Curtailing your phone use as you near your data cap at the end of each month is no way to live. A better way is to stop data-hungry apps from using too much data in the first place.
The apps that use the most data typically are the apps that you use the most. For a lot of people, that’s Facebook, Instagram, Netflix, Snapchat, Spotify, Twitter, and YouTube. If you use any of these apps daily, change these settings to reduce how much data they use.
On an iPhone, you can check how much data each of your apps uses by going to Settings > Cellular. For each the apps on the alphabetical list, you’ll see a small number listed below its title that shows how much data it has used. Scroll to the bottom to see when it started counting this data usage, which is likely either when you first activated your iPhone or installed the app in question. At the bottom of the list, you can tap the Reset Statistics button to start a new count, which could be useful if you do this at the beginning of the month or your billing cycle and then set a reminder to check back 30 days later.
Also from this data-usage list, you can toggle off cellular access for any app, but since you probably want full access to all of your apps in between Wi-Fi networks, I have better ideas on how you can reduce your data usage. I used an iPhone to illustrate the following tips, but similar options are available for Android phones.
Checking Facebook every five minutes certainly eats into your data plan, but checking Facebook every five minutes while letting it autoplay videos is worse. Thankfully, you can limit auto-play videos to Wi-Fi only or disable them altogether. Here’s how:
If you spend large portions of your day on Twitter, its autoplay videos need to be addressed.
Instagram, by now, is more than just photos. It has video, and it autoplays those videos. The app preloads videos so they start playing as soon as you encounter them in your feed.
Instagram has a vaguely worded setting that lets you prevent videos from preloading when you are on a cellular connection. Here’s what it is and where to find it:
This setting won’t prevent videos from autoplaying, but it will stop Instagram from preloading video when you are on a cellular connection. Instagram states that with this setting enabled, “videos may take longer to load over a cellular connection.” In my experience, however, I did not notice a delay with videos starting to play.
Like Instagram, Snapchat preload Stories and Snaps so that they immediately appear when you check your feed. Problem is: preloading uses a lot of data.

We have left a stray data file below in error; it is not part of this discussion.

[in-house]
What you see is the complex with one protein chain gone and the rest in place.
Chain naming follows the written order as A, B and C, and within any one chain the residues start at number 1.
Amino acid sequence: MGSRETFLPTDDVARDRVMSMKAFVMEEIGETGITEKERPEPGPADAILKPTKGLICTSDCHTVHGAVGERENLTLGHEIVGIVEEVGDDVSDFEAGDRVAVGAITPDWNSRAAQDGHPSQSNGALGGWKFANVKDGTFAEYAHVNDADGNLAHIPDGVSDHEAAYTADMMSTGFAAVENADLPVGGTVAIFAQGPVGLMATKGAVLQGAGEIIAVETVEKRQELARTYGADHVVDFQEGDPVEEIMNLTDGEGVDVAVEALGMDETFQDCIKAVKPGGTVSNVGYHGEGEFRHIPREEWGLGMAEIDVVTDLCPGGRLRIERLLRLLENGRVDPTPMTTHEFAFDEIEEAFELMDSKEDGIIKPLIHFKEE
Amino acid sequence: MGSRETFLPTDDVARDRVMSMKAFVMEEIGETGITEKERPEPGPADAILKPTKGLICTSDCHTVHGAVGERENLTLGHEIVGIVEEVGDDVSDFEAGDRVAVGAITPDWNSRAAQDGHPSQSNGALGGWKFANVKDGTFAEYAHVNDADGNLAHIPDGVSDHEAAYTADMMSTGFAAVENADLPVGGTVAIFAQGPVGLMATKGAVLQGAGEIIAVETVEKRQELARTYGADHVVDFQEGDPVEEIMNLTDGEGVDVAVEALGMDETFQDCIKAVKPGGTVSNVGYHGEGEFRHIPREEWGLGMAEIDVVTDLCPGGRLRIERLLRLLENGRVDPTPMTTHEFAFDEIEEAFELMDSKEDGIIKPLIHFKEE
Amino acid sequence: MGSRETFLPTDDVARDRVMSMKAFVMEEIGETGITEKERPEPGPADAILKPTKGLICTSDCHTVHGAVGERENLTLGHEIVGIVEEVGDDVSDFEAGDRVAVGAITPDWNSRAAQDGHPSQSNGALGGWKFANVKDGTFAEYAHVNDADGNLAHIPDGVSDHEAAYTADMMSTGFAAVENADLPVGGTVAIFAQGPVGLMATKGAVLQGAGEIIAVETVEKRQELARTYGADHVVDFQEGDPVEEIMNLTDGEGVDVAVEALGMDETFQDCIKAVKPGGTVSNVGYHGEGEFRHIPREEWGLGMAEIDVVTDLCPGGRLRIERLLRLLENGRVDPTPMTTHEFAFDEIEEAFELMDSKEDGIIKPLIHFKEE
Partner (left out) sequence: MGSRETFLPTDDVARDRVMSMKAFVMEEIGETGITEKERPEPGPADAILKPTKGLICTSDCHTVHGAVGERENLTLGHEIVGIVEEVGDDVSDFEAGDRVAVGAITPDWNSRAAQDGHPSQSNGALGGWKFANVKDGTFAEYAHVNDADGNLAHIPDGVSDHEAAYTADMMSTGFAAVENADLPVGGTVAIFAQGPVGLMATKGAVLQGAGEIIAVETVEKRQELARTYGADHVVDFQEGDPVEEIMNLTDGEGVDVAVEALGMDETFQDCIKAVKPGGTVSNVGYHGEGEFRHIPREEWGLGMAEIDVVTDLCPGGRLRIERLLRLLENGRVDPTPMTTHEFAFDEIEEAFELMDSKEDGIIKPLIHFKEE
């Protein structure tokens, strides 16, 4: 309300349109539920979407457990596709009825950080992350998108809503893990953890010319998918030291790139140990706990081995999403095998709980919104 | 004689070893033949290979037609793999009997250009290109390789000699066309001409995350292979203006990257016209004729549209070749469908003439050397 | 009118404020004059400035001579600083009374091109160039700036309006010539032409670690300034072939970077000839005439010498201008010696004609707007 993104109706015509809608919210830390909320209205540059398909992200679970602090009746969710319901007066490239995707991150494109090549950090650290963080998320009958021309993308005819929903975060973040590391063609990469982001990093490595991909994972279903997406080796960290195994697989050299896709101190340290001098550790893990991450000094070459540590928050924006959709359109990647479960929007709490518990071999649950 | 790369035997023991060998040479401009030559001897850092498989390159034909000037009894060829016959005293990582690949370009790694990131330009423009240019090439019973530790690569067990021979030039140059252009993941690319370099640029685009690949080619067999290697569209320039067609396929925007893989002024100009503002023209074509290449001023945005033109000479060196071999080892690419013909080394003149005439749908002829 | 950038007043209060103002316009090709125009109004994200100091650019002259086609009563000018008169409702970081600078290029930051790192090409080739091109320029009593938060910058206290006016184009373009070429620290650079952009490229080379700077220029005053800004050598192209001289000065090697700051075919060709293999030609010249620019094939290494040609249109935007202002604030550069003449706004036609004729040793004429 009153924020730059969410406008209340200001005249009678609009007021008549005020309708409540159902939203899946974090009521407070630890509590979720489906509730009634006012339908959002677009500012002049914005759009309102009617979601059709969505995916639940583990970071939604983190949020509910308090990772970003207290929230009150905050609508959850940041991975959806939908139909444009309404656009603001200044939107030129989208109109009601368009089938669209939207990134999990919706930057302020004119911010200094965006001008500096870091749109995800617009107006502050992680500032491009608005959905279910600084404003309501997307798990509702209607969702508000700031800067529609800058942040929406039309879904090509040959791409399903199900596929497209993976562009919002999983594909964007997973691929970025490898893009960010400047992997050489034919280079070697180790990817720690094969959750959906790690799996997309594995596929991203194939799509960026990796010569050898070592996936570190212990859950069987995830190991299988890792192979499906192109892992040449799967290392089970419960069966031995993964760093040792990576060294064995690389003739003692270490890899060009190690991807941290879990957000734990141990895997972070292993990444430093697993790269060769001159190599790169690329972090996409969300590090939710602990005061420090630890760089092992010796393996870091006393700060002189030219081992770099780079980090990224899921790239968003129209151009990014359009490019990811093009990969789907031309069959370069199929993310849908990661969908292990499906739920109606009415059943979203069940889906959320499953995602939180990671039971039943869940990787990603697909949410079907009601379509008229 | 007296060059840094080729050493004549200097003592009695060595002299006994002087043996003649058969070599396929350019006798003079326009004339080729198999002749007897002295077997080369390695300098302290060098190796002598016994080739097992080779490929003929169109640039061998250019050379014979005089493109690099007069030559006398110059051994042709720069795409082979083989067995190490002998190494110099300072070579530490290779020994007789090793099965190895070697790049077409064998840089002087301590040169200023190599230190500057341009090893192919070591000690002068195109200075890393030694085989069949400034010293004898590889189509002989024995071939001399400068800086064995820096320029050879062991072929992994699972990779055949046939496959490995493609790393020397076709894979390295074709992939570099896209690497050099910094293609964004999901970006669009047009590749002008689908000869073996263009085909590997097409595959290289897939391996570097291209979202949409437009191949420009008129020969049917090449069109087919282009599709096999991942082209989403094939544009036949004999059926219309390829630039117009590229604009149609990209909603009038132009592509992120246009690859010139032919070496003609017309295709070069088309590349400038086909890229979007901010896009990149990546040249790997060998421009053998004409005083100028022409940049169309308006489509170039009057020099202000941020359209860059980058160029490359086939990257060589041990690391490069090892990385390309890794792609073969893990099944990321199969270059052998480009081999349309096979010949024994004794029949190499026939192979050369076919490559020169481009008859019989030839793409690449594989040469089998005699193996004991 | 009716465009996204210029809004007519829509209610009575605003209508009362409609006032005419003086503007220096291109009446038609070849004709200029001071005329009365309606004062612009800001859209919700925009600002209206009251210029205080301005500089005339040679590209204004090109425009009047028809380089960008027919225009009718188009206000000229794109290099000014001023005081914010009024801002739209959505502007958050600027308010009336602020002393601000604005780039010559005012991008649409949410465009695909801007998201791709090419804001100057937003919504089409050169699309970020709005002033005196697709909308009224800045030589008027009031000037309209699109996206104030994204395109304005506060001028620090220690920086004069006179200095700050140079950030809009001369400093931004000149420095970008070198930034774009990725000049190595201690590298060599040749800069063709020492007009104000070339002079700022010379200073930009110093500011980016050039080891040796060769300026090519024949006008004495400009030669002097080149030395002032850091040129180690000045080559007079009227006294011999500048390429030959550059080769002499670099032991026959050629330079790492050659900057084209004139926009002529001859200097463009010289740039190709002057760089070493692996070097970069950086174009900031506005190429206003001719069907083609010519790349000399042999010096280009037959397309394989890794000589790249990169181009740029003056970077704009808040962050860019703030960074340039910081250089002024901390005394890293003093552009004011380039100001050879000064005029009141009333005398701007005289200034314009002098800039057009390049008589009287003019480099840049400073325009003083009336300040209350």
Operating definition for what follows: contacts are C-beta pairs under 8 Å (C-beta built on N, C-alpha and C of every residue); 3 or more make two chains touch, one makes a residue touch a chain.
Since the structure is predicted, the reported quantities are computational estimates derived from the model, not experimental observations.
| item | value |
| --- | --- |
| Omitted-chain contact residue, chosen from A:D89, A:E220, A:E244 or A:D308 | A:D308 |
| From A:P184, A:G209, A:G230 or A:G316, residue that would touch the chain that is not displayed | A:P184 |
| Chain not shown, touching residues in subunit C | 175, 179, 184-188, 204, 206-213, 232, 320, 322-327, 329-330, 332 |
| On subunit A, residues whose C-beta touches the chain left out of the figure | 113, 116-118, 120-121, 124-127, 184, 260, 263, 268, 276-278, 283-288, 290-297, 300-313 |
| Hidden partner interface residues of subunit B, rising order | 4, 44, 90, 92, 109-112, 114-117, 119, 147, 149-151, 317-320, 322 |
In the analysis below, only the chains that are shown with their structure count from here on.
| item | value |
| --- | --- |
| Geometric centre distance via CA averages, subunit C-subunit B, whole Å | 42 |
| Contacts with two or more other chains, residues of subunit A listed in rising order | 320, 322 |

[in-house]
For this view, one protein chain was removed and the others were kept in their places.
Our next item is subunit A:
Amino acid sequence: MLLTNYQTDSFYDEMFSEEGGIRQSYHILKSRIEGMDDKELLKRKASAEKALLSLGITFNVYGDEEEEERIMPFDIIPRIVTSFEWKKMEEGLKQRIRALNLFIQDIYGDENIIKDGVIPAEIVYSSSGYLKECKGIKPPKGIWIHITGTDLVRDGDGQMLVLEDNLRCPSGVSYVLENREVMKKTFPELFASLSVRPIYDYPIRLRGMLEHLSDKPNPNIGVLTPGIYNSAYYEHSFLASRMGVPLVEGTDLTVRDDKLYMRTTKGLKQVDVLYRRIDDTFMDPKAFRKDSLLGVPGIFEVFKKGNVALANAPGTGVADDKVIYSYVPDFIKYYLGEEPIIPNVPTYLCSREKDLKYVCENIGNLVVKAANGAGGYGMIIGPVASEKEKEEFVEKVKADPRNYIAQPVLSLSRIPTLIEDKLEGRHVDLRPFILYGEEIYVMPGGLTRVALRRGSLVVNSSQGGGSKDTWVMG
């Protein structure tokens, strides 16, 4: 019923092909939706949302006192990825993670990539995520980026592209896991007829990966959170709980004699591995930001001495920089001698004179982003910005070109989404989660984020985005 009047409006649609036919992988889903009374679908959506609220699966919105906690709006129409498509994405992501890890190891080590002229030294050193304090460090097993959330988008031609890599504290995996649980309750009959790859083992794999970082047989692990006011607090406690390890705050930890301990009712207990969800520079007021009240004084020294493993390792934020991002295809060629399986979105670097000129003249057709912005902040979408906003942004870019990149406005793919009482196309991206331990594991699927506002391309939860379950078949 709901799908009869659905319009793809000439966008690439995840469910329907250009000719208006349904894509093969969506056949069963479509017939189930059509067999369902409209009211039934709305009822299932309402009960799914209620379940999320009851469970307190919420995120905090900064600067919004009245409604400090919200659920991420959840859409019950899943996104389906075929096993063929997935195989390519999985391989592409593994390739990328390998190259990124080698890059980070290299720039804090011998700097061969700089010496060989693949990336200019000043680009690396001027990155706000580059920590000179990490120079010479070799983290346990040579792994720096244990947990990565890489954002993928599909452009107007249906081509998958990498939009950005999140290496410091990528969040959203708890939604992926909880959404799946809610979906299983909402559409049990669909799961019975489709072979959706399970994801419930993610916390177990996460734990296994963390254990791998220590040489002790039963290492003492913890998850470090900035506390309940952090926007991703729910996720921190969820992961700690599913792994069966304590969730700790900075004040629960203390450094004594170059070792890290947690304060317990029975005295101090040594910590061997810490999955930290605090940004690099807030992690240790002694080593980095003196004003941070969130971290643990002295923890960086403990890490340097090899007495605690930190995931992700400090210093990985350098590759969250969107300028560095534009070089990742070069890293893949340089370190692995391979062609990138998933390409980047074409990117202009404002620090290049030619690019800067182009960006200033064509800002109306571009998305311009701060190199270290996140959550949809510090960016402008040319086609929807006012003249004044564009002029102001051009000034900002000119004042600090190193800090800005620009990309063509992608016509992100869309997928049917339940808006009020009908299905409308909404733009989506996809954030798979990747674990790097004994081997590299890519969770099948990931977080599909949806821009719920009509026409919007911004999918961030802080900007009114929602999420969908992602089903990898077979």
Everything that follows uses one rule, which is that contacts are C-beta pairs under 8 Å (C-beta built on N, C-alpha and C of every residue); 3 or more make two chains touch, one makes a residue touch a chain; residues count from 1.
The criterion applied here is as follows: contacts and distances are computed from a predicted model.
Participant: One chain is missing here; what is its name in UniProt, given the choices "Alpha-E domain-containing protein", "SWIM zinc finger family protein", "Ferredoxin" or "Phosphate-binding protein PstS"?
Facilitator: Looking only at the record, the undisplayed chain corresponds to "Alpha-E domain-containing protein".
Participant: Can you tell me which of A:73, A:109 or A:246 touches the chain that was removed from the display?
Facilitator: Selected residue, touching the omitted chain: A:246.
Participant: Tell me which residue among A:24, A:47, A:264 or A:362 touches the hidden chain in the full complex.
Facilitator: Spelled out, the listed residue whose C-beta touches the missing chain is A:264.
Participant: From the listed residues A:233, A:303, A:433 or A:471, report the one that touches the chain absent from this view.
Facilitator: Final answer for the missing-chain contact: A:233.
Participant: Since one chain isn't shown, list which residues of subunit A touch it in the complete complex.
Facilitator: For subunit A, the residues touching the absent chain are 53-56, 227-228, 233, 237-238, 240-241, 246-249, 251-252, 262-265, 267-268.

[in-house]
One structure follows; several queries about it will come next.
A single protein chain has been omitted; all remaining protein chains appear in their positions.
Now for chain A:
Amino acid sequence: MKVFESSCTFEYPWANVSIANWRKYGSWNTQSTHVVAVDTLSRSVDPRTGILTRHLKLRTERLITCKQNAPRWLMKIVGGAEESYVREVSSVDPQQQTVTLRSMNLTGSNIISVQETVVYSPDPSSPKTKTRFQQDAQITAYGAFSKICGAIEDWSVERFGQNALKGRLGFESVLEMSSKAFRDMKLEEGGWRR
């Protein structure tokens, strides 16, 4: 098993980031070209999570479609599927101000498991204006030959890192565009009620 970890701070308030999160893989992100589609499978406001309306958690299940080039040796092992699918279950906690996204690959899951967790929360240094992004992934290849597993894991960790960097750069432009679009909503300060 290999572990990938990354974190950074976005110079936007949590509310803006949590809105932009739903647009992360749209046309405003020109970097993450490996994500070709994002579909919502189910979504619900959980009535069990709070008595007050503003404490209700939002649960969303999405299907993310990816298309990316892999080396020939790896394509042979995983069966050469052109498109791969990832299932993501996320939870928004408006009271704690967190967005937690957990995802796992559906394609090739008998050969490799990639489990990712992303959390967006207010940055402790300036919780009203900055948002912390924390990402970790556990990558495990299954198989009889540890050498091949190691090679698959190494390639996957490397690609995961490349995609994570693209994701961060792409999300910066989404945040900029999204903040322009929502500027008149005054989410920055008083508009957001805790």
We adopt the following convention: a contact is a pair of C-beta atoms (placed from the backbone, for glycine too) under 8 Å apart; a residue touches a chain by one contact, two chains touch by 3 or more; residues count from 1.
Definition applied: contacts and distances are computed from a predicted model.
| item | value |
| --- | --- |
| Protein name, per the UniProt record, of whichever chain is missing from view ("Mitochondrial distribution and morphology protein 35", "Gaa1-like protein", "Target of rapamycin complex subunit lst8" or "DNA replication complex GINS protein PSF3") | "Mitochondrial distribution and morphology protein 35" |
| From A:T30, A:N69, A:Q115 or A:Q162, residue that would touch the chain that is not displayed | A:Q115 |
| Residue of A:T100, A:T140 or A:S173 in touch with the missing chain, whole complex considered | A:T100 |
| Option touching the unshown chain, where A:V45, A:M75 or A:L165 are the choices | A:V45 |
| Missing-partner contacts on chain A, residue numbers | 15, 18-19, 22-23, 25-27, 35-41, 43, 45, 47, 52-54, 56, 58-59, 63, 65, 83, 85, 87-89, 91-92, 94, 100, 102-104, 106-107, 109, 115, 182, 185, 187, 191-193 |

You can prevent preloading by enabling a semi-hidden feature called Travel Mode. It means that Snaps and Stories will take a bit longer to load, but your data plan will thank you.
The good news with YouTube and your monthly data limit is YouTube don’t autoplay videos. The bad news, of course, is it does nothing but play videos, which can quickly run up your data usage when you stray from a Wi-Fi signal.
YouTube offers a setting that plays HD video only when you are on Wi-Fi.
While we’re on the YouTube data-saving topic, the YouTube Music app has set you may want to enable. Open settings and tap to enable Stream via Wi-Fi only to prevent data-charge-incurring rock blocks.
You likely use Netflix on a larger device than your phone when you are home and connected to Wi-Fi, but for those times where you need to continue your binge-watching ways on a cellular connection, you can lower the video quality.
Netflix estimates that you can watch 4 hours per GB for the Low setting, 2 hours per GB for Medium, and 1 hour per GB for High.
Spotify’s seemingly endless catalog of music is unquestionably alluring, but if you use Spotify as your personal music soundtrack as you go about your day, data charge are likely to ensue. If you have the room on your phone, however, and are a premium Spotify subscriber, you can download albums and playlists to avoid streaming via a cellular connection.When viewing an album or playlist, just tap the toggle switch for Download to add the tracks to your phone so you no longer will need to stream them.
Spotify also has a streaming quality setting. Tap Your Library in the bottom-right corner and then tap the gear icon in the top-right to open settings and tap Streaming Quality. You’ll see four options: Automatic, Normal, High and Extreme.
Annoyingly, Spotify doesn’t seem to distinguish cellular from Wi-Fi connections, so if you are the cautious type when it comes to data usage, I suggest you choose Normal so that the app doesn’t bump you up to a higher-quality (and, thus, higher-bandwidth) stream when you have a strong four- or five-bar cellular connection.
And if you are often downloading playlists for offline use to save your data allotment, scroll down to the bottom of the Streaming Quality page and tap to turn off the toggle switch for Download Using Cellular.